Lindfield Kings Theatre

376 Pacific Highway,
Sydney, NSW 2070

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Lindfield Kings Theatre

Located in the Lindfield district of Sydney on Pacific Highway at the corner on Balfour Street. The Lindfield Theatre was opened as a live theatre in May 1926, designed by architect C. Reynolds Winter. Seating was provided in stalls, and circle, with a row of mezzanine boxes between. In 1927, the mezzanine boxes were removed, but some side boxes were retained. The seating capacity was given as 696. Films were being screened from September 1936.

The building was taken over by the small Kings Circuit in April 1938, and was extensively remodeled, to the plans of architectural firm Crick & Furse. Seating was now provided for 1,850 in stalls, dress circle and upper circle levels. It was opened on 2nd July 1938 with Joel McCrea in “Wells Fargo” and Edward G. Robinson in “The Last Gangster”.

The Kings Theatre was taken over by the Greater Union Theatres chain in 1946. There was talk of converting it into an ice rink in 1961, but these plans came to nothing. In the early hours of 27th October 1967, a fire broke out, destroying the stage and proscenium. The licence was not renewed, and the Kings Theatre never re-opened. The building was demolished in 1969 and a Coles supermarket now stands on the site.

Contributed by john gleeson, Ken Roe

Recent comments (view all 3 comments)

johngleeson
johngleeson on November 2, 2013 at 5:38 pm

Nearby theatres include those in Roseville, Chatswood and Gordon.

ianej
ianej on October 12, 2018 at 2:29 pm

The Lindfield Theatre was built by Harold Hosking of Newcastle Steel Works. Ownership of the theatre changed hands many times over the years and passed to the Kings Theatre Circuit in 1938. At that time the theatre became known as Kings Theatre. The theatre was purchased by A. Beszant in 1947 and was renovated in 1953. When I was a kid, growing up on Sydney’s Upper North Shore in the 1960s, I saw many films at the Lindfield Kings including the Australian film They Found a Cave, McHale’s Navy Joins the Air Force, and Ride the Wide Surf (with Fabian, Tab Hunter and Australia’s Murray Rose).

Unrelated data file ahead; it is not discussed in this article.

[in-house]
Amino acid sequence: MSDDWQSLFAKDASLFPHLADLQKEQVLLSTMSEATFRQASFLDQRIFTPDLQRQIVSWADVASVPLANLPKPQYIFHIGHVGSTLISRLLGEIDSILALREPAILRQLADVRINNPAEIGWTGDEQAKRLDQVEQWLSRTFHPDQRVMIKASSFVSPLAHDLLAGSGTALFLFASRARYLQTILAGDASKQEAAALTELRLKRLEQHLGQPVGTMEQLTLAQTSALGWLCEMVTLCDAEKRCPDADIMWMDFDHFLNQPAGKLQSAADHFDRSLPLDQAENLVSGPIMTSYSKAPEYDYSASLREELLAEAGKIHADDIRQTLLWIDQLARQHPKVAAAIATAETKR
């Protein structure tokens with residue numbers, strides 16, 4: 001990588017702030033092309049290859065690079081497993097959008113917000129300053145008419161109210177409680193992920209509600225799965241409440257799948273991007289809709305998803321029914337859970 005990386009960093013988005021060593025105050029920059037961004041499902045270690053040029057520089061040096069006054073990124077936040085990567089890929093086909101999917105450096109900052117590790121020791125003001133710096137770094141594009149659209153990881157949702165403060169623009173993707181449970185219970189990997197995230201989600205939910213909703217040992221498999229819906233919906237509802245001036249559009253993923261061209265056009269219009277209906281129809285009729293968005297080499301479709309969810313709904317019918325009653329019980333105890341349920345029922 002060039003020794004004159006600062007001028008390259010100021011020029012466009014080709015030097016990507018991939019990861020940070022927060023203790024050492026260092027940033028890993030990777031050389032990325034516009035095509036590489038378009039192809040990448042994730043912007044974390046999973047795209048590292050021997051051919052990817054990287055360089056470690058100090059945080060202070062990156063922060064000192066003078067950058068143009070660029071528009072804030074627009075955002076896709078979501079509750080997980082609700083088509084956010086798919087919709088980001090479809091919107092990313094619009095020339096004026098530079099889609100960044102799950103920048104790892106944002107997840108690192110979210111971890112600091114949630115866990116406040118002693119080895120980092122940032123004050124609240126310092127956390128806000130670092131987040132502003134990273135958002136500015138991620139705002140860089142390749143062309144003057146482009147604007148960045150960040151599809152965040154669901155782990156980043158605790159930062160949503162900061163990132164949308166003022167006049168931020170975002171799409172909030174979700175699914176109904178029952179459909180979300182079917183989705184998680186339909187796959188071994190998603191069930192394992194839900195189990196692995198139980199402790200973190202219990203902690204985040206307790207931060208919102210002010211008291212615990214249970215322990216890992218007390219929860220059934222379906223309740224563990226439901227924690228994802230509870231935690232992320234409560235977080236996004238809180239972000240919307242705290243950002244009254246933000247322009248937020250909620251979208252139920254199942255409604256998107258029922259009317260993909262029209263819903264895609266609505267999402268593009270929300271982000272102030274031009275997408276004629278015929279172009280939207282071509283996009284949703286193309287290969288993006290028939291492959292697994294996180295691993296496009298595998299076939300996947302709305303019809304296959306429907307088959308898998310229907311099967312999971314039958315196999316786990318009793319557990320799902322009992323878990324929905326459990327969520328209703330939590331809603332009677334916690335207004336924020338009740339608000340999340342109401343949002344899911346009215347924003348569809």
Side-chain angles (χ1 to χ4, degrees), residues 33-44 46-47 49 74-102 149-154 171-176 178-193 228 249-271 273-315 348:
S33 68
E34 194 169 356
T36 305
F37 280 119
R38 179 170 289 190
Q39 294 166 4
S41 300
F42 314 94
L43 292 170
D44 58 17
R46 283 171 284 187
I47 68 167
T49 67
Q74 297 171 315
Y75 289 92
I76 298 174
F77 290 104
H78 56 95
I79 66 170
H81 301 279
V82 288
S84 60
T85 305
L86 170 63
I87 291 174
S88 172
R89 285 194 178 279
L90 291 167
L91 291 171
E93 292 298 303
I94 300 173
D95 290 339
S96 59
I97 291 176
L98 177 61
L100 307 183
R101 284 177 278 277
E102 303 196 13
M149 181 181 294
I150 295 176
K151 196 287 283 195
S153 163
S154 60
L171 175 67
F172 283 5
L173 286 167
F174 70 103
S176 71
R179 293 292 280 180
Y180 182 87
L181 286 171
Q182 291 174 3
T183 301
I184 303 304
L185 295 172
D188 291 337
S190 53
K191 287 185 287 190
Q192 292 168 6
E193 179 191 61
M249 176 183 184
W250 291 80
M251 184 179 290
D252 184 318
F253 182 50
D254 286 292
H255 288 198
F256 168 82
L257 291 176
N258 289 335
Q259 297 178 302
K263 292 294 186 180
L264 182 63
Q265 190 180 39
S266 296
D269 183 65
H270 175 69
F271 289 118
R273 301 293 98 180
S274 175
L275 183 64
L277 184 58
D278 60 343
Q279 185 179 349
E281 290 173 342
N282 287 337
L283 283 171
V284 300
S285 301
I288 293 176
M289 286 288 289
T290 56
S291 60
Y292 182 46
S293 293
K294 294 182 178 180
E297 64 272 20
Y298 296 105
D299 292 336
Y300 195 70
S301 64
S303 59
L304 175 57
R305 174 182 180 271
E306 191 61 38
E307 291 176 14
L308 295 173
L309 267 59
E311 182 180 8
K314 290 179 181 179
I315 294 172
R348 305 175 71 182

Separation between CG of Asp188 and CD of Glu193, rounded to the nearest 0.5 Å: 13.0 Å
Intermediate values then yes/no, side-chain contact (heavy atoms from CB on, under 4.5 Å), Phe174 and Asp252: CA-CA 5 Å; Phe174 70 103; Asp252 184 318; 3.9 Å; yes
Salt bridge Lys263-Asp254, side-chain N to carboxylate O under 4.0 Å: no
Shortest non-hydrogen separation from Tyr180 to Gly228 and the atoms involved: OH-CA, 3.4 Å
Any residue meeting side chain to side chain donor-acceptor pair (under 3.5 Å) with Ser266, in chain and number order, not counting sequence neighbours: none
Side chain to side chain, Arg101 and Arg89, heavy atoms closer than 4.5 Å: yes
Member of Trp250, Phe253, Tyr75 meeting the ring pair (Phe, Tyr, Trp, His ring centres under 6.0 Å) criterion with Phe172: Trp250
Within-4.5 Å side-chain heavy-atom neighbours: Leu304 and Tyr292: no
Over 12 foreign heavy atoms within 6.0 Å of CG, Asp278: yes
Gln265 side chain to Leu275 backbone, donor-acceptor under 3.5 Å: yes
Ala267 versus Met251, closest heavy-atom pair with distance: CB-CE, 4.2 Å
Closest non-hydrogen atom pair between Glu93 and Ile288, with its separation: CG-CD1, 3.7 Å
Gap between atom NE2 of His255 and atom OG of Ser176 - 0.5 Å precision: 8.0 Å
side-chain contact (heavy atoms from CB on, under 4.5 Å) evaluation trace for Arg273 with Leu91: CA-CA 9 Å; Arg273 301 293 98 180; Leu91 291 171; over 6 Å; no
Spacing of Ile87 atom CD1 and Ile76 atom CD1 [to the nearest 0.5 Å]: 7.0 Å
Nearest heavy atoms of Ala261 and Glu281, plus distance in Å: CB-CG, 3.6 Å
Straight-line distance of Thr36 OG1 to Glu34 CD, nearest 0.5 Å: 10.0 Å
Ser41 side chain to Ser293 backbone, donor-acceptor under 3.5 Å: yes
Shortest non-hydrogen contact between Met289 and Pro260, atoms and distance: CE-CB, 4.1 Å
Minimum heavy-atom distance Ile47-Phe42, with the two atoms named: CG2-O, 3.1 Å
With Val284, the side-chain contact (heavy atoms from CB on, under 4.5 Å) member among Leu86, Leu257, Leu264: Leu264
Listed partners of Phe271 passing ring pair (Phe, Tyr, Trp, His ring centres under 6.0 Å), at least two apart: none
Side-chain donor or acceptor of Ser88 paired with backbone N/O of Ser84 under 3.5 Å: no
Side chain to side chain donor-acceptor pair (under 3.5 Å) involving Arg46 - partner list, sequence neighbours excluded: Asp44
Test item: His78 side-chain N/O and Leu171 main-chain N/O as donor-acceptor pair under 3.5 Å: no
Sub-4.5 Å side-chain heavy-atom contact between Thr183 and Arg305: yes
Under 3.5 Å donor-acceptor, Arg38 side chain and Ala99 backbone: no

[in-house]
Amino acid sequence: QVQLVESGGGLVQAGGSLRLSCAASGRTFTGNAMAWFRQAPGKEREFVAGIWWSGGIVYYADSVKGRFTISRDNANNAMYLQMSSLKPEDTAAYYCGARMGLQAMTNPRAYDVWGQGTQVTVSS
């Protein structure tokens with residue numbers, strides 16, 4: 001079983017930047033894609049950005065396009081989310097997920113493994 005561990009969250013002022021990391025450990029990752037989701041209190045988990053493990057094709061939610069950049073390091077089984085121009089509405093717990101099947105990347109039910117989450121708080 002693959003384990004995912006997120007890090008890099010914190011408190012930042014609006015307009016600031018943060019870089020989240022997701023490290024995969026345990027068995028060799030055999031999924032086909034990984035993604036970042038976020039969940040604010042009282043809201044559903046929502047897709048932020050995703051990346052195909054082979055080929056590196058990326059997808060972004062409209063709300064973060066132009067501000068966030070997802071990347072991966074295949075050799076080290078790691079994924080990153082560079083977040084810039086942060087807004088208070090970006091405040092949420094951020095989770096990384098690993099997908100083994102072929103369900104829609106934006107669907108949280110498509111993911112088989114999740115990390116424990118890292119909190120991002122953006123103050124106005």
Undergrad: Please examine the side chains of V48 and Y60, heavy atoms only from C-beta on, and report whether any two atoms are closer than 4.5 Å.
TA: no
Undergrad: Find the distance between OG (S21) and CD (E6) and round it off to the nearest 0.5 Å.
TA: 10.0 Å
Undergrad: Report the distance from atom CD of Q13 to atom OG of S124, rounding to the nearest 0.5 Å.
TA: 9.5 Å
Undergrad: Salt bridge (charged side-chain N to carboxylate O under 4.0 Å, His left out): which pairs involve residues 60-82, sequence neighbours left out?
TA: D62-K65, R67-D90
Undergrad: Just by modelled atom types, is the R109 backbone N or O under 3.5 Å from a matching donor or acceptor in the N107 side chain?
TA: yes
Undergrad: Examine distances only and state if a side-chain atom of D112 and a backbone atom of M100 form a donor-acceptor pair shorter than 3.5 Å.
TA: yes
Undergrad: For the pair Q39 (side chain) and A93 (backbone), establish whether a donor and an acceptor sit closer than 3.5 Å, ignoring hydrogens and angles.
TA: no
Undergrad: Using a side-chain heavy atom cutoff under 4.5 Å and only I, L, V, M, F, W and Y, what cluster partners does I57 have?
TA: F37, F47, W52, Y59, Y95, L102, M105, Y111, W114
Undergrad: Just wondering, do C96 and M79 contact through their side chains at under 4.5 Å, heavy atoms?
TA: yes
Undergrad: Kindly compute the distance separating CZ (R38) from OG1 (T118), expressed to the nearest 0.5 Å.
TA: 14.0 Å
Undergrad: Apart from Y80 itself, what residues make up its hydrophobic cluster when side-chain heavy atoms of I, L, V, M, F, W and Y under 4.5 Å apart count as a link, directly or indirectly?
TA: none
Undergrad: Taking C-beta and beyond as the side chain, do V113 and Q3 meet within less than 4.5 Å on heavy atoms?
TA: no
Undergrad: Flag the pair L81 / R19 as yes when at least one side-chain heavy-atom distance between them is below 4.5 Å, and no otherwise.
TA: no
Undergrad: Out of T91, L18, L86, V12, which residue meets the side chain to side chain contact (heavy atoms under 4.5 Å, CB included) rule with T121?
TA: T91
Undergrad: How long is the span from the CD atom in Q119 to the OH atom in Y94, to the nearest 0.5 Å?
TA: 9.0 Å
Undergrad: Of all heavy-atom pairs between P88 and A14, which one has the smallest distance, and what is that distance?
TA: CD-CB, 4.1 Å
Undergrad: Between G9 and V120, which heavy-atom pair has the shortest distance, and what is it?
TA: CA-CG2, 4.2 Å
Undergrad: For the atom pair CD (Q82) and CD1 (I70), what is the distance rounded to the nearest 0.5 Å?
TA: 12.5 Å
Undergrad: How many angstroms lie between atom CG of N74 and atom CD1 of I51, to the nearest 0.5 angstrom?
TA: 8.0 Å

ianej
ianej on October 15, 2018 at 8:48 pm

In 1938 there was an extensive remodelling of the theatre. The ceiling and walls were relined with decorative, moulded fibrous plaster and the mezzanine was extended forward to enlarge seating capacity. The grilles over the side walls' ventilation openings were said to be like spinning catherine wheels with illuminated centres. Three vertical troughs of coloured light were set in the side walls and continued across the ceiling in front of the proscenium. The indirectly lit ceiling centre stretched from the rear of the top gallery and finished in a semi-circle in which there was a smaller circle of plaster finished with a glass and chrome surface light. Over 2000 feet of neon tubing was reported to have been used in the auditorium. The ceiling was lowered and the vestibules and foyers were redesigned, enlarged and extensively remodelled in the latest ‘modernistic’ style (including horizontal ‘speed’ lines spaced along the textured walls. The facade was also modernised. Although largely Art Deco in design post-remodelling, there were also strong Expressionist motifs (eg the indirectly lit central section of the ceiling, the horizontal banding leading the eye to the stage, and the semi-circular corner facade and curved parapet enhanced by the use of vertical lines). (Source: R Thorne & K Cork, For All the Kings Men: The Kings Theatres of Sydney, NSW (Campbelltown NSW: Australian Theatre Historical Society Inc, 1994), p75.)

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